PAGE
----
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Biggest tarantula keeping pet peeve?

Discussion in 'Tarantula Chat' started by Tenevanica, Aug 11, 2017.

  1. basin79

    basin79 Arachnoprince Active Member

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    I almost never speak an inverts scientific name as I know I'll completely balls up the pronunciation. I just put their name in the video title/description or above a pic.
     
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  2. miss moxie

    miss moxie Arachnoangel Active Member

    I'll fight you, punk! They're called POKIES NOT PEACEIES!!! Peices are for Reeses, you filthy hippie communist.
     
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  3. mconnachan

    mconnachan Arachnoprince Active Member

    That you have OCD tendencies, nothing malice my friend, I rated the post as "sad" because of the afore mentioned difficulties this must have in your daily life! No malice intended @Tenevanica
     
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  4. boina

    boina Arachnobaron Active Member

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    That's the correct English zoological pronunciation. No German scientist will even understand what you are talking about. It's pronounced Poetsih-low-teria. And that's the correct zoological pronunciation :p. Btw. there is not or has ever been a "th" - sound in Latin. It's always "t".
     
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  5. mconnachan

    mconnachan Arachnoprince Active Member

    Haha - Let's all just say "Pokie" that way all this bickering can stop, what a carry on over one, yes one freaking genus - Poecilotheria is it really that important for it to take over the whole thread - me thinks not!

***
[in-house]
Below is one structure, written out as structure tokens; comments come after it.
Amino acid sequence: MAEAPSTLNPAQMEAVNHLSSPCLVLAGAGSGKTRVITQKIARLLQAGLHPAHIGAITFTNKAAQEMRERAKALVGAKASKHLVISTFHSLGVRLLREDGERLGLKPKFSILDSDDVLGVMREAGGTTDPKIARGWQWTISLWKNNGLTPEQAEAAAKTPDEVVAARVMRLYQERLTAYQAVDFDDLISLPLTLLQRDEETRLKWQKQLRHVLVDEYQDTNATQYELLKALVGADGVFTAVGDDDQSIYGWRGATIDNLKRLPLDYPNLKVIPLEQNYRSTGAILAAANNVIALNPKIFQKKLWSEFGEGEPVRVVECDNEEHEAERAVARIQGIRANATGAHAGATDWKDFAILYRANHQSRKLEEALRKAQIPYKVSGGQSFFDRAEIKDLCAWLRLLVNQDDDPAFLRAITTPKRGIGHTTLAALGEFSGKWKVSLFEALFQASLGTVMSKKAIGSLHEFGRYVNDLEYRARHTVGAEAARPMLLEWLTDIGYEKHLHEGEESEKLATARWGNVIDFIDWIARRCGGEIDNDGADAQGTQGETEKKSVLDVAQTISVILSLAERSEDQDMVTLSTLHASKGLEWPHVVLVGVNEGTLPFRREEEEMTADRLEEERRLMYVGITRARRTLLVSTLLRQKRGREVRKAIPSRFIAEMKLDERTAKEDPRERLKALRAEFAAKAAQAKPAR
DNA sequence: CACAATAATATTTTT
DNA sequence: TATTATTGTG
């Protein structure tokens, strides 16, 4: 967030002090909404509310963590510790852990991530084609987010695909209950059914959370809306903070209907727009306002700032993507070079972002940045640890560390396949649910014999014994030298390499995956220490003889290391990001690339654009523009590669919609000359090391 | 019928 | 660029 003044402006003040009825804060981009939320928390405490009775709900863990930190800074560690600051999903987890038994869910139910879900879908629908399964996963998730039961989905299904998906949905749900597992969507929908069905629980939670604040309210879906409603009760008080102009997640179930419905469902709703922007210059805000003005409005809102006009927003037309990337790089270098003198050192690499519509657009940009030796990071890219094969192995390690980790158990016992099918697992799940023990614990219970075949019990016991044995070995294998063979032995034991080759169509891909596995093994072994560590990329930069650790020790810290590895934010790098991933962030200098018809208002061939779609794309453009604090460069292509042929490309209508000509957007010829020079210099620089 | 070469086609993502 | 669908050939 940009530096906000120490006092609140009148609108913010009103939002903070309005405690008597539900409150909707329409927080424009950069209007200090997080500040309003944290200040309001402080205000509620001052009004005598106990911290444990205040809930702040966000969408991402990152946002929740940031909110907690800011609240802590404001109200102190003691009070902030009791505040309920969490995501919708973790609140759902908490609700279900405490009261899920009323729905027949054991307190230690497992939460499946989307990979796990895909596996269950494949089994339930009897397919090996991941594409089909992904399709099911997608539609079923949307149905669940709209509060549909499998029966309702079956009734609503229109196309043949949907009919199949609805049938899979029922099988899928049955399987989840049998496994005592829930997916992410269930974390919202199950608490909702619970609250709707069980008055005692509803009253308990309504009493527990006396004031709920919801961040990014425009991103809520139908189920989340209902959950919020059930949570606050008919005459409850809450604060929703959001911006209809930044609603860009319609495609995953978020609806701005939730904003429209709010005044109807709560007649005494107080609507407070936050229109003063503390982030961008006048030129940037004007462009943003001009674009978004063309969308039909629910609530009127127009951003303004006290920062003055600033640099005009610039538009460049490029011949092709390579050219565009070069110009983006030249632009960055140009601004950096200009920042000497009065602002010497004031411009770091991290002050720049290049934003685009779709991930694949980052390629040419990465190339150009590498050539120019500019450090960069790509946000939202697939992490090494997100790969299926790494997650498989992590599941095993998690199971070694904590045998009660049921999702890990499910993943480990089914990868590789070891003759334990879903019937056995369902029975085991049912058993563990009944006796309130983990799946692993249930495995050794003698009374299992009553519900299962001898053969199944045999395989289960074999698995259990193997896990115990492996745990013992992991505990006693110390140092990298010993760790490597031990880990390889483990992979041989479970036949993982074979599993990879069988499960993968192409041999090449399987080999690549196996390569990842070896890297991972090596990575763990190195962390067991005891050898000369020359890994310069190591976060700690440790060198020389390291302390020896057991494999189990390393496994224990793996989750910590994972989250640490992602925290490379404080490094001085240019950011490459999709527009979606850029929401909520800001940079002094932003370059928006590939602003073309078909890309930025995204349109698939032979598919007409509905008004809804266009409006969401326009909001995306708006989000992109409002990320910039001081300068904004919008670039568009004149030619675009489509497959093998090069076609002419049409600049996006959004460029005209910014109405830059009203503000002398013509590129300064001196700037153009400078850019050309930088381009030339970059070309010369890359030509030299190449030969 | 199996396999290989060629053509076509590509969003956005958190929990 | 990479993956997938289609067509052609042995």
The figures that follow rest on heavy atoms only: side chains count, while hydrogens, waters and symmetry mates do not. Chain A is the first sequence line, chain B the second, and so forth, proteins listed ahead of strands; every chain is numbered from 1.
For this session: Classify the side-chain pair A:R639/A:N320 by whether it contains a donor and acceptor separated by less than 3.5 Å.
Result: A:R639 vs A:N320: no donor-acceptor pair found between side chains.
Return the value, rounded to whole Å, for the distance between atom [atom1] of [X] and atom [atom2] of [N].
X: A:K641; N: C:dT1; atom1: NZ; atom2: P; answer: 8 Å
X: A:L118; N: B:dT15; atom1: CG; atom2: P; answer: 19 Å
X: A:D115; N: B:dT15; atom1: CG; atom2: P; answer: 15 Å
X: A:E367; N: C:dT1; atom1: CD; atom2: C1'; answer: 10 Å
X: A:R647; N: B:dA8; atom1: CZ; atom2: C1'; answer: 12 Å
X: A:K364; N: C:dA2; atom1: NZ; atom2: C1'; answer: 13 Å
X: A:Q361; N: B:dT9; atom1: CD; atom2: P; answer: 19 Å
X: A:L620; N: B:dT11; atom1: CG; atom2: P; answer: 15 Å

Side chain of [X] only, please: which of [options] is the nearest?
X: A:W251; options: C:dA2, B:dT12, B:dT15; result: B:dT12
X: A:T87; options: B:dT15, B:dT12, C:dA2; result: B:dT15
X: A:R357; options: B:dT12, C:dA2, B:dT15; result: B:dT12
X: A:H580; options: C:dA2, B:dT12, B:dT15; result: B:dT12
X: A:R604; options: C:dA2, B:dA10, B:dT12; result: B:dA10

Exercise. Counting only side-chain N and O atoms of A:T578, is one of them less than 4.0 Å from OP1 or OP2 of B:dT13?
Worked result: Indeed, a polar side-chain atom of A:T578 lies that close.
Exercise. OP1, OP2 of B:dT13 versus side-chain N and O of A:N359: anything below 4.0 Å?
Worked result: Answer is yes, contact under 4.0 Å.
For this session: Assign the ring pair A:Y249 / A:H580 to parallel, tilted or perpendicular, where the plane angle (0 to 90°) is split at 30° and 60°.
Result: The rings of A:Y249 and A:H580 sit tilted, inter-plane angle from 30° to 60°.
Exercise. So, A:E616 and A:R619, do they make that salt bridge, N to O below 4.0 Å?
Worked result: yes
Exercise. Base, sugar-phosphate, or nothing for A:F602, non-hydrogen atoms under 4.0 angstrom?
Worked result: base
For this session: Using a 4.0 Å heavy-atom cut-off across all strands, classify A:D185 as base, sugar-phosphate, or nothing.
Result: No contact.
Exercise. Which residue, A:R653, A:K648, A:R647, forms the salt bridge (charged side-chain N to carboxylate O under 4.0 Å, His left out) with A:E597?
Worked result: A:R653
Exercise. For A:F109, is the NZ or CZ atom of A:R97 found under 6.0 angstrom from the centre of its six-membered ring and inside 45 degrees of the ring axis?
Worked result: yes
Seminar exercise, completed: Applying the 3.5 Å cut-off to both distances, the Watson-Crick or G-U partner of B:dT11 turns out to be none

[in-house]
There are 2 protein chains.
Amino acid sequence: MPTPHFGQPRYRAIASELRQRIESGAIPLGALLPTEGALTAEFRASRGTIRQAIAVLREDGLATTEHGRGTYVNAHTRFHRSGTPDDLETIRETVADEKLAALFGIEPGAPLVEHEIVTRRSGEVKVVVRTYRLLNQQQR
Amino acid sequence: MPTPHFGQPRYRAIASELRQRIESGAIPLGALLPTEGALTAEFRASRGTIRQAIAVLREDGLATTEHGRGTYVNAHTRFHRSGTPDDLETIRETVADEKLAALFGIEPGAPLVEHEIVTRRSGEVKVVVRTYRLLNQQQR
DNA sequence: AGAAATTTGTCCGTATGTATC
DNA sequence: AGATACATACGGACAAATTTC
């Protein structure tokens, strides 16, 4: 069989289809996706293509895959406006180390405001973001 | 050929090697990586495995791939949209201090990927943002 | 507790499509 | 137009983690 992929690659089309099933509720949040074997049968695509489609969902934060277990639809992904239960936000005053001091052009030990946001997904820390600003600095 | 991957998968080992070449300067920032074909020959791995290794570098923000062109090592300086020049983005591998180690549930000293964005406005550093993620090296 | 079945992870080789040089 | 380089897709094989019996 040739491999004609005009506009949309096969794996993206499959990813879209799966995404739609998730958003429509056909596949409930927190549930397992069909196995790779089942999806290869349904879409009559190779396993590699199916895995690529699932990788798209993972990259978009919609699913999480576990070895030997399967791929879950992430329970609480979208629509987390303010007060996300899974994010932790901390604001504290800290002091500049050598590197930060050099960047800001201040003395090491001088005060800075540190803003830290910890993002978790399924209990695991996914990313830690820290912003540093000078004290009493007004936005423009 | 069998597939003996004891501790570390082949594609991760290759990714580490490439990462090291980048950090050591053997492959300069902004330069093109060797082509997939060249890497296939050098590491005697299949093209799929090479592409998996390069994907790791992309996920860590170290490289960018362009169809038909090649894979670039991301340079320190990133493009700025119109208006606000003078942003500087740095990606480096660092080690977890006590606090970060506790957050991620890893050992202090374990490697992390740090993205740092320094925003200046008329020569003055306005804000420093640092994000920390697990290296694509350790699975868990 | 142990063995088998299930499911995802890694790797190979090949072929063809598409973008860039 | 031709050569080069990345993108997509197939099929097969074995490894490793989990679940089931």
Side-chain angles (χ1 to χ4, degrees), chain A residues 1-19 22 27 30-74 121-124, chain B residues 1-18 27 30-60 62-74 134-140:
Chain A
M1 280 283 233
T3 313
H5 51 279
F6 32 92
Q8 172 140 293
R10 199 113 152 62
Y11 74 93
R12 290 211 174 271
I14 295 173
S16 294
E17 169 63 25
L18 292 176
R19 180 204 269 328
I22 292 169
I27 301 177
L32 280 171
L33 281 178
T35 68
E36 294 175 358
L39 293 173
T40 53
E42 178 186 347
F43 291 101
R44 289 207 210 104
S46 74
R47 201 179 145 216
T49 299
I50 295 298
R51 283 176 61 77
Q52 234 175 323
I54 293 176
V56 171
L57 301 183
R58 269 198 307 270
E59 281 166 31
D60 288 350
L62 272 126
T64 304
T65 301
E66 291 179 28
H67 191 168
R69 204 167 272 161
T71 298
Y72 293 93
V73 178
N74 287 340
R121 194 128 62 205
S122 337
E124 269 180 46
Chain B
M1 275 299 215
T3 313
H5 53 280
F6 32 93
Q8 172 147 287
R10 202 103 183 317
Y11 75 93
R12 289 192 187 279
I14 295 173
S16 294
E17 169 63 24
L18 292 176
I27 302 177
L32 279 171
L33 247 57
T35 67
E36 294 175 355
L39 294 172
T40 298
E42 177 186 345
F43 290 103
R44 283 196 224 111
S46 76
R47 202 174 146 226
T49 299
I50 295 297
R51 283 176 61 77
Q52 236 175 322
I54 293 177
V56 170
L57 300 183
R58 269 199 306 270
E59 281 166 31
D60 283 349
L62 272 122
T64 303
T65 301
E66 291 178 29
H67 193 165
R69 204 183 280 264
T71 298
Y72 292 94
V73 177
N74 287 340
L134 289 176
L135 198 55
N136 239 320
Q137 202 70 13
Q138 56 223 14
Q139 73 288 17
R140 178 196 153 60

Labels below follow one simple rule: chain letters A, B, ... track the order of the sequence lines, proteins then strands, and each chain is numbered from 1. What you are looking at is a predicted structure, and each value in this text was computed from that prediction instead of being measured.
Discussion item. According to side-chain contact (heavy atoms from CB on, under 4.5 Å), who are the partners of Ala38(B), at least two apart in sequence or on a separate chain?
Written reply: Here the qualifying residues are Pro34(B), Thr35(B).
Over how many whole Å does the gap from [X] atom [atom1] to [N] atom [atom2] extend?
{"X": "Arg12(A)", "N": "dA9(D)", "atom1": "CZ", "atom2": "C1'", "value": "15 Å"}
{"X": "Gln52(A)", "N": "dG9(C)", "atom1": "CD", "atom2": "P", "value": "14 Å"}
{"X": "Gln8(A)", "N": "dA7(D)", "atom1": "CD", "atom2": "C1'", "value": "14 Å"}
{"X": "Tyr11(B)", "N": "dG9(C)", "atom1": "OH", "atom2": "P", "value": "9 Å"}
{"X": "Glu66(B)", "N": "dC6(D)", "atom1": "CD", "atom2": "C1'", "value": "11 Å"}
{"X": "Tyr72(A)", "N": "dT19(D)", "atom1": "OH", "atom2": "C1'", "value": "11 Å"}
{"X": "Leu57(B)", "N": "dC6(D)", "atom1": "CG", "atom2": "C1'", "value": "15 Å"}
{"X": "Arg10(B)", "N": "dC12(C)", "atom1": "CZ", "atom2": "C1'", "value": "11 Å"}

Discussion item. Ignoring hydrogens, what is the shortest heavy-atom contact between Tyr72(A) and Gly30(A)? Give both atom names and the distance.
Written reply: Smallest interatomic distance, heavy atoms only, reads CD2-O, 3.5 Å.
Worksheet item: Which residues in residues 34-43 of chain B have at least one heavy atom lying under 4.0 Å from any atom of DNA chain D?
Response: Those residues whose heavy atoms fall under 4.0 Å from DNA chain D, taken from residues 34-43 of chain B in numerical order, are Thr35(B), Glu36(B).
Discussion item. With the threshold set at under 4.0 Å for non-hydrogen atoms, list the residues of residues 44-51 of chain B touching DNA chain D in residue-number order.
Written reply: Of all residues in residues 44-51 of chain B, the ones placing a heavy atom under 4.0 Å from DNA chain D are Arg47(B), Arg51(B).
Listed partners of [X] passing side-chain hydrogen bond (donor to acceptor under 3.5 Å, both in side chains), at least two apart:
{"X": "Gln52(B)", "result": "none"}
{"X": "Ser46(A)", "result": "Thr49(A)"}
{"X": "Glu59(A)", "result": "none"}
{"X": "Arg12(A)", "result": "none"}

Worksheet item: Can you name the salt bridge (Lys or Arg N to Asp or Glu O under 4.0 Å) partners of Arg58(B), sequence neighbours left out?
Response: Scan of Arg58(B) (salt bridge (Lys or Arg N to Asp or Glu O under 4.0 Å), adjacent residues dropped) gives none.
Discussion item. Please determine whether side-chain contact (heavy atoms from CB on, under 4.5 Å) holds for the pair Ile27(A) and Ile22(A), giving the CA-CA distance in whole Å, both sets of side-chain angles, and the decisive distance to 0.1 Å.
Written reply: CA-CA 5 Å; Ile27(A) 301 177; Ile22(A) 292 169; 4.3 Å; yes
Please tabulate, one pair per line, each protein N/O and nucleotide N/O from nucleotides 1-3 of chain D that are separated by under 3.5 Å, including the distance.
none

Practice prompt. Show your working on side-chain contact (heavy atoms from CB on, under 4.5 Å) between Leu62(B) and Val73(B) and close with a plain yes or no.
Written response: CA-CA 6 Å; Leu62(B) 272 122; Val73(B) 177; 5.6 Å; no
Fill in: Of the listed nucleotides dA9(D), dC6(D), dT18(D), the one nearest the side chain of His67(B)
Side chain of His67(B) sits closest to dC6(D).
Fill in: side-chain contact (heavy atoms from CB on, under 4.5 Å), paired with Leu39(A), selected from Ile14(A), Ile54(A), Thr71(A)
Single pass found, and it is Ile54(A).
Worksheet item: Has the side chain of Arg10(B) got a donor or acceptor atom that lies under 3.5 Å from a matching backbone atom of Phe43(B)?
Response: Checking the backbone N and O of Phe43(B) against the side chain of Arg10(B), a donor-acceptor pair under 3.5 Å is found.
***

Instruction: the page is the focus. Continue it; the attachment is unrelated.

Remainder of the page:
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  6. mconnachan

    mconnachan Arachnoprince Active Member

    You wouldn't earn very much commission TBH - if he keeps his lawnmowers the way he does his tarantulas, they'll all be on the scrapheap, haha, along with your commission!!!!
     
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  7. Patherophis

    Patherophis Arachnopeon Active Member

    I got an idea, probably bad, but what about IPA? :)
    here is my try: /pe:tsɪlɒ-te:rɪa/
    Honestly I thought that they were pochees after first reading of Your transcription. :hilarious:

    To the original topic: When i asked my friend if she is not afraid of her new P. metallica (she had just NW terrestrials before) and she replied "Why? Is it venomous?" :cyclops:
     
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  8. mconnachan

    mconnachan Arachnoprince Active Member

    That sounds - looks spot on, but what does IPA stand for?
    You should have replied "No it's poisonous, didn't you know?"
     
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  9. spotropaicsav

    spotropaicsav Arachnobaron Active Member

    Well I'm glad there are keepers from different countries on AB, otherwise we might not get the variety of insights. Also keeping Ts can vary so much from place to place in some ways, even the pet peeves haha One of my "pet peeves" is seeing keepers from other locations that have easy access to specimens that I don't!:rolleyes: I get envious!:oops:
     
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  10. Patherophis

    Patherophis Arachnopeon Active Member

    International Phonetic Alphabet https://en.wikipedia.org/wiki/Help:IPA/English

    :D Unfortunately we have only one word for both venomous and poisonous in Slovak.
     
  11. spotropaicsav

    spotropaicsav Arachnobaron Active Member

    Not directed negatively @boina btw